Yes, not only has Imperial College London been the site of a number of scientific discoveries (such as penicillin), but the university was also the place where iconic rock band Queen first formed. Guitarist Brian May was working towards a PhD in astrophysics when he placed an advert for a "Mitch Mitchell/Ginger Baker type" drummer, which Roger Taylor responded to. Brian May abandoned his PhD to pursue Queen, but eventually completed it 36 years later in 2007. (You can read about more bands that met at university here).

5. You can get married at Nanyang Technological University (NTU)


Not only is Singapore’s Nanyang Technological University (NTU) ranked one of the world’s top engineering schools, but alumni can tie the knot on campus at the Nanyang Executive Centre. The director of Alumni Affairs, Mr Soon Min Yam, has presided over more than 90 marriage ceremonies over the years, having been a licenced marriage solemniser since 1992. You can read more interesting facts about NTU here.

4. Albert Einstein was an alumnus and professor at ETH Zurich (Swiss Federal Institute of Technology)

ETH Zurich

ETH Zurich (Swiss Federal Institute of Technology) is up one place this year to rank fourth in the world for engineering and technology, and boasts Albert Einstein as one of its most famous graduates. Einstein studied physics at the university from 1896 to 1900 and returned in 1912 as a professor of theoretical physics, teaching analytical mechanics and thermodynamics. In total, ETH Zurich has been associated with 21 Nobel Prize winners.

3. The first official game of football was played at the University of Cambridge

University of Cambridge

Ranked third in the engineering ranking this year, the University of Cambridge may not be the first English-speaking university founded in the world (this distinction goes to its rival, Oxford) but it can claim to have been the birthplace of football.

The first official game of football with rules we would recognize was played on Parker’s Piece, a green space in Cambridge, in 1848 (it was City vs University, with City winning 2-1). However, the earliest records of football being played in Cambridge go back even further to 1579. 

2. Something happens on the first full moon of the Autumn Quarter at Stanford University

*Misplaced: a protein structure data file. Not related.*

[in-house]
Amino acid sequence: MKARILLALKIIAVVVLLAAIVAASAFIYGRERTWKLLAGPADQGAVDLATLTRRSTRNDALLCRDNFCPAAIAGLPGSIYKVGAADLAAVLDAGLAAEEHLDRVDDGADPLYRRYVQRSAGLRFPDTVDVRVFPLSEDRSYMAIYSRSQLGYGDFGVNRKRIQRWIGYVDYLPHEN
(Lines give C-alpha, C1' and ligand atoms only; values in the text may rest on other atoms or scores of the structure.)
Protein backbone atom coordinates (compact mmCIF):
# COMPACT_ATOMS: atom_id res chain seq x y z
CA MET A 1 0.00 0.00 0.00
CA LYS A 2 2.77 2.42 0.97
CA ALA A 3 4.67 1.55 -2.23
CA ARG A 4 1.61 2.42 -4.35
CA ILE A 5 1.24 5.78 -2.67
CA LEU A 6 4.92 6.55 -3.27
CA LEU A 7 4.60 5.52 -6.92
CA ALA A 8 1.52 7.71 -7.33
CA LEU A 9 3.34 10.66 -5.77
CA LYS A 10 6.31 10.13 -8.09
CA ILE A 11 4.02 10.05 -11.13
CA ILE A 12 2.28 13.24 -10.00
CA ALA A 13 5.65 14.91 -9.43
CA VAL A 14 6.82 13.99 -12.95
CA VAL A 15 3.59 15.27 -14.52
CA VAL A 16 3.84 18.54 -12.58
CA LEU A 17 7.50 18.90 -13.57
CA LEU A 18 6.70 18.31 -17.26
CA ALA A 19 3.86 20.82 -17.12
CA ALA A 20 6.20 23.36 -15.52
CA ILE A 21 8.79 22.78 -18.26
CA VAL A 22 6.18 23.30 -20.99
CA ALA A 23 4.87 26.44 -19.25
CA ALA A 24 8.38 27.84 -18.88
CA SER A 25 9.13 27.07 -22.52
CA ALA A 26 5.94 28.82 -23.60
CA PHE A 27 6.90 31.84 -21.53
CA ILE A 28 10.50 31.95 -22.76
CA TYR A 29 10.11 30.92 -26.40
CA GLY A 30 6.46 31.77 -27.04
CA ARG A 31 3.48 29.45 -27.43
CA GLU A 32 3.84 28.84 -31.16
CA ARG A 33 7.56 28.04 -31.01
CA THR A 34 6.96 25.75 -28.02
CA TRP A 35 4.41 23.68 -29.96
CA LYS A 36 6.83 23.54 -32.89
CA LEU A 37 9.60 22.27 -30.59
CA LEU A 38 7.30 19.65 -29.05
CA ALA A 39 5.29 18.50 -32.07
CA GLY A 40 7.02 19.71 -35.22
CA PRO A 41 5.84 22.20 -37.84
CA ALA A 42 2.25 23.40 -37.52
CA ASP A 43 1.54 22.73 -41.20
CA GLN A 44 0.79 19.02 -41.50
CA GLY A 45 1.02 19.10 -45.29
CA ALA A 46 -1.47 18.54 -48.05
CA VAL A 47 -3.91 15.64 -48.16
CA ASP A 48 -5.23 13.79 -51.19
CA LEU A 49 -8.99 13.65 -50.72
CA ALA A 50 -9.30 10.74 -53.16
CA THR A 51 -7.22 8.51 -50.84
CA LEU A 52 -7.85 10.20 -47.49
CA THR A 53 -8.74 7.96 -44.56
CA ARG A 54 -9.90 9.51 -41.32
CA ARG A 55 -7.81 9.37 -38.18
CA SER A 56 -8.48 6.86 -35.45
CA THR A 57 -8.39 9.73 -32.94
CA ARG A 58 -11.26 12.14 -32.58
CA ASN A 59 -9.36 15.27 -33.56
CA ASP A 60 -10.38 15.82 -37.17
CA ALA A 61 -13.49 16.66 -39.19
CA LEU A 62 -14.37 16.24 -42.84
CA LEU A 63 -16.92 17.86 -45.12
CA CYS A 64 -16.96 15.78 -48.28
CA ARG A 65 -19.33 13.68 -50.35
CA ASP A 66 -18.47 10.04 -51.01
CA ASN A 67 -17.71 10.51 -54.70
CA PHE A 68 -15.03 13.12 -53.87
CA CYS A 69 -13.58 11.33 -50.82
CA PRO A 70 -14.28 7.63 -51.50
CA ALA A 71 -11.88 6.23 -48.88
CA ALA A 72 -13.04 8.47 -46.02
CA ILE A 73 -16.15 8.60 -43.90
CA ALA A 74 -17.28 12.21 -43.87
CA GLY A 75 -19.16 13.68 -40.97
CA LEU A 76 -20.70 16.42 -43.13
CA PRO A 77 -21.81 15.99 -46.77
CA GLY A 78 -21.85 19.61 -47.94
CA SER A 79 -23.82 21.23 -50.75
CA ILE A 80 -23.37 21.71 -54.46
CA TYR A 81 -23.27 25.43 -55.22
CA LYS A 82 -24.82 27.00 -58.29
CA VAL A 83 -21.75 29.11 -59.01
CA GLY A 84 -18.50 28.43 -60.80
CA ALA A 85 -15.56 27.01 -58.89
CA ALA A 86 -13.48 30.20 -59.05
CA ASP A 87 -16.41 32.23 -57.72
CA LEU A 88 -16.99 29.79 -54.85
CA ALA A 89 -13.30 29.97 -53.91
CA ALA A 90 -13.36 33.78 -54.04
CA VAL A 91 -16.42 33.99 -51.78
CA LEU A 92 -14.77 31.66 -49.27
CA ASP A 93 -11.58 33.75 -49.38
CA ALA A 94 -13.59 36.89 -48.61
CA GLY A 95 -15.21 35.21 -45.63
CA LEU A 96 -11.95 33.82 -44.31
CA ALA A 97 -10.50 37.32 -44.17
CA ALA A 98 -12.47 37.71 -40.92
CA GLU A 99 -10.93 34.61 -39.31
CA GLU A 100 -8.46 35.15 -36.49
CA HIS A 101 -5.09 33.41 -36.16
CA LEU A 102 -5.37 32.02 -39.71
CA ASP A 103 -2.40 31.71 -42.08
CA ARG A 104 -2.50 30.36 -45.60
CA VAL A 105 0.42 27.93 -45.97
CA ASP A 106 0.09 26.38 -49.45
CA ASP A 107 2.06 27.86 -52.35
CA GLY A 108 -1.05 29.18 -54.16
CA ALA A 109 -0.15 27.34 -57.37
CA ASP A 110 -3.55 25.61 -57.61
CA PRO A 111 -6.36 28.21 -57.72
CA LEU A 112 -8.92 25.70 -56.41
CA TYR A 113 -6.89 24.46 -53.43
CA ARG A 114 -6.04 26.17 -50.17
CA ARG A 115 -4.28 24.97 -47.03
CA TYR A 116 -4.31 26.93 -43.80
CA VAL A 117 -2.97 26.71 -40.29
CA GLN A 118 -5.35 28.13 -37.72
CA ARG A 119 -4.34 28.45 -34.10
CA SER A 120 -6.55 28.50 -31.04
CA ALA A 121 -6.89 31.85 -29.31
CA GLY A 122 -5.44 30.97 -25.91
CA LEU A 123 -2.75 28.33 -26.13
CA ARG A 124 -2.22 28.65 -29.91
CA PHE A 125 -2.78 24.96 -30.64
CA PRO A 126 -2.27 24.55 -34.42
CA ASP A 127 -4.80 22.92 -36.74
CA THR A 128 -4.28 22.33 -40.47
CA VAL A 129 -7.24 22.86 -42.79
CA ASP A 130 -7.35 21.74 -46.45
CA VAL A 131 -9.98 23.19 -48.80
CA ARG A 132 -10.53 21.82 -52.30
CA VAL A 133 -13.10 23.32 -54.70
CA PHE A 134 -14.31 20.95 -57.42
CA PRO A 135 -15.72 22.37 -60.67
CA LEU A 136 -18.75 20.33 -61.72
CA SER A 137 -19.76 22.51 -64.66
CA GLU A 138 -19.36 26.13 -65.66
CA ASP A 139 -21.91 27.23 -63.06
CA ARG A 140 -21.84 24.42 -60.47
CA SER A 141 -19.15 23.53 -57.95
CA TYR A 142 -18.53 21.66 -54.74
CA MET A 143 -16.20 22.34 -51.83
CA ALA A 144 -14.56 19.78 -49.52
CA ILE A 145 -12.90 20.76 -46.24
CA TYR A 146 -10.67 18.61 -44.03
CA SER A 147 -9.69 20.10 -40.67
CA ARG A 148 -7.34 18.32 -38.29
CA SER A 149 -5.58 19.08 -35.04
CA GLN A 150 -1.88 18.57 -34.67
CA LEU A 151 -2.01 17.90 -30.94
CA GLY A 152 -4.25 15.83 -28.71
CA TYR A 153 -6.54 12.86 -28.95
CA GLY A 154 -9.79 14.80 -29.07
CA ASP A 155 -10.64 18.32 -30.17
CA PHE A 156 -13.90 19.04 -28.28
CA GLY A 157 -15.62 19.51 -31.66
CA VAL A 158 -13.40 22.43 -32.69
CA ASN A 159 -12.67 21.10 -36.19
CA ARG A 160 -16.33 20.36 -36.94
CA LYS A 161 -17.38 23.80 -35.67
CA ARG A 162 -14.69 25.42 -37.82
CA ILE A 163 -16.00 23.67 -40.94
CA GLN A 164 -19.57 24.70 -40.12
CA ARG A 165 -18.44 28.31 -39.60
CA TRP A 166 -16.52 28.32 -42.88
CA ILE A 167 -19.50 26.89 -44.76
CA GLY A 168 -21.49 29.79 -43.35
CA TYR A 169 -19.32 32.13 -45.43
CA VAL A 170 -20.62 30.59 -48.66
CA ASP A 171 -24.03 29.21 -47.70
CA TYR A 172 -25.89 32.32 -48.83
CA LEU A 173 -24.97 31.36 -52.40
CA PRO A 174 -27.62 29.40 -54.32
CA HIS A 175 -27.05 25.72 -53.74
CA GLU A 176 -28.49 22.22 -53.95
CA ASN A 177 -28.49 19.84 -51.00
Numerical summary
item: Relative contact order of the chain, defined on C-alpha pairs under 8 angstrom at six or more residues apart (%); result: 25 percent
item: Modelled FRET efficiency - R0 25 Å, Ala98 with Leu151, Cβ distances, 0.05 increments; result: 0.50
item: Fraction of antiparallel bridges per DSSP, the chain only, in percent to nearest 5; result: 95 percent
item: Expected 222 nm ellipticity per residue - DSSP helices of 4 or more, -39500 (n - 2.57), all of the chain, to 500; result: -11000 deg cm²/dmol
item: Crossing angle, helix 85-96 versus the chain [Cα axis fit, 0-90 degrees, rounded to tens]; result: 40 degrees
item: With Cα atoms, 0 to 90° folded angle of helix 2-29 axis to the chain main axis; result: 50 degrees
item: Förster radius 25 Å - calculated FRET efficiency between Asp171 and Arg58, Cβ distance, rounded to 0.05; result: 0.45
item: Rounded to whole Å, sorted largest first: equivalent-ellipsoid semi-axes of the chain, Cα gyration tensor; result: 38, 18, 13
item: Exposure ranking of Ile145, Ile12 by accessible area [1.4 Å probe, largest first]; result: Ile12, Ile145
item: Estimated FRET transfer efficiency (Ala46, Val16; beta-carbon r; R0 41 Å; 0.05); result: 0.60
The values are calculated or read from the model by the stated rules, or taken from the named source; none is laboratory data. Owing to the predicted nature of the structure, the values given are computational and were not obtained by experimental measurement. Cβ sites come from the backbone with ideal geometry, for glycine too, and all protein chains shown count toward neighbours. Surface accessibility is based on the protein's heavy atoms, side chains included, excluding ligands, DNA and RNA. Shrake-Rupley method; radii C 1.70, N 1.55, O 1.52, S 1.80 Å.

…And it’s not that anyone turns into a werewolf. Between midnight and 1am on the night of the first full moon of the Autumn Quarter, Stanford University freshmen traditionally receive a kiss from seniors. Live music and entertainment turn the night into a big celebration, but unfortunately a few days later everyone is ill from the same virus.

Other traditions at Stanford include fountain hopping, in which people jump in and out of Stanford’s many water fountains (very refreshing on a hot day).

1. Massachusetts Institute of Technology (MIT) traditions include throwing a piano off a building


Massachusetts Institute of Technology (MIT) is ranked first in the world for the broad subject area of engineering and technology and is known for its “hacks” (used in this context to mean elaborate but harmless practical jokes).

One particularly famous hack is the Annual Baker House Piano Drop, in which students of the Baker House dorm drop an old, irreparable piano off the roof and let it plunge six storeys to the ground, marking the spring semester’s “Drop Date”, the last date students can drop classes.

Other hacks have revolved around the university’s iconic Great Dome (for example, being transformed into R2-D2, or having a fire truck/police car/Apollo Lunar Module placed on top of it over the years).

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Sabrina Collier's profile image
Written by Sabrina Collier
The former Assistant Editor of TopUniversities.com, Sabrina wrote and edited articles to guide students from around the world on a wide range of topics. She has a bachelor's degree in English Literature and Creative Writing from Aberystwyth University and grew up in Staffordshire, UK.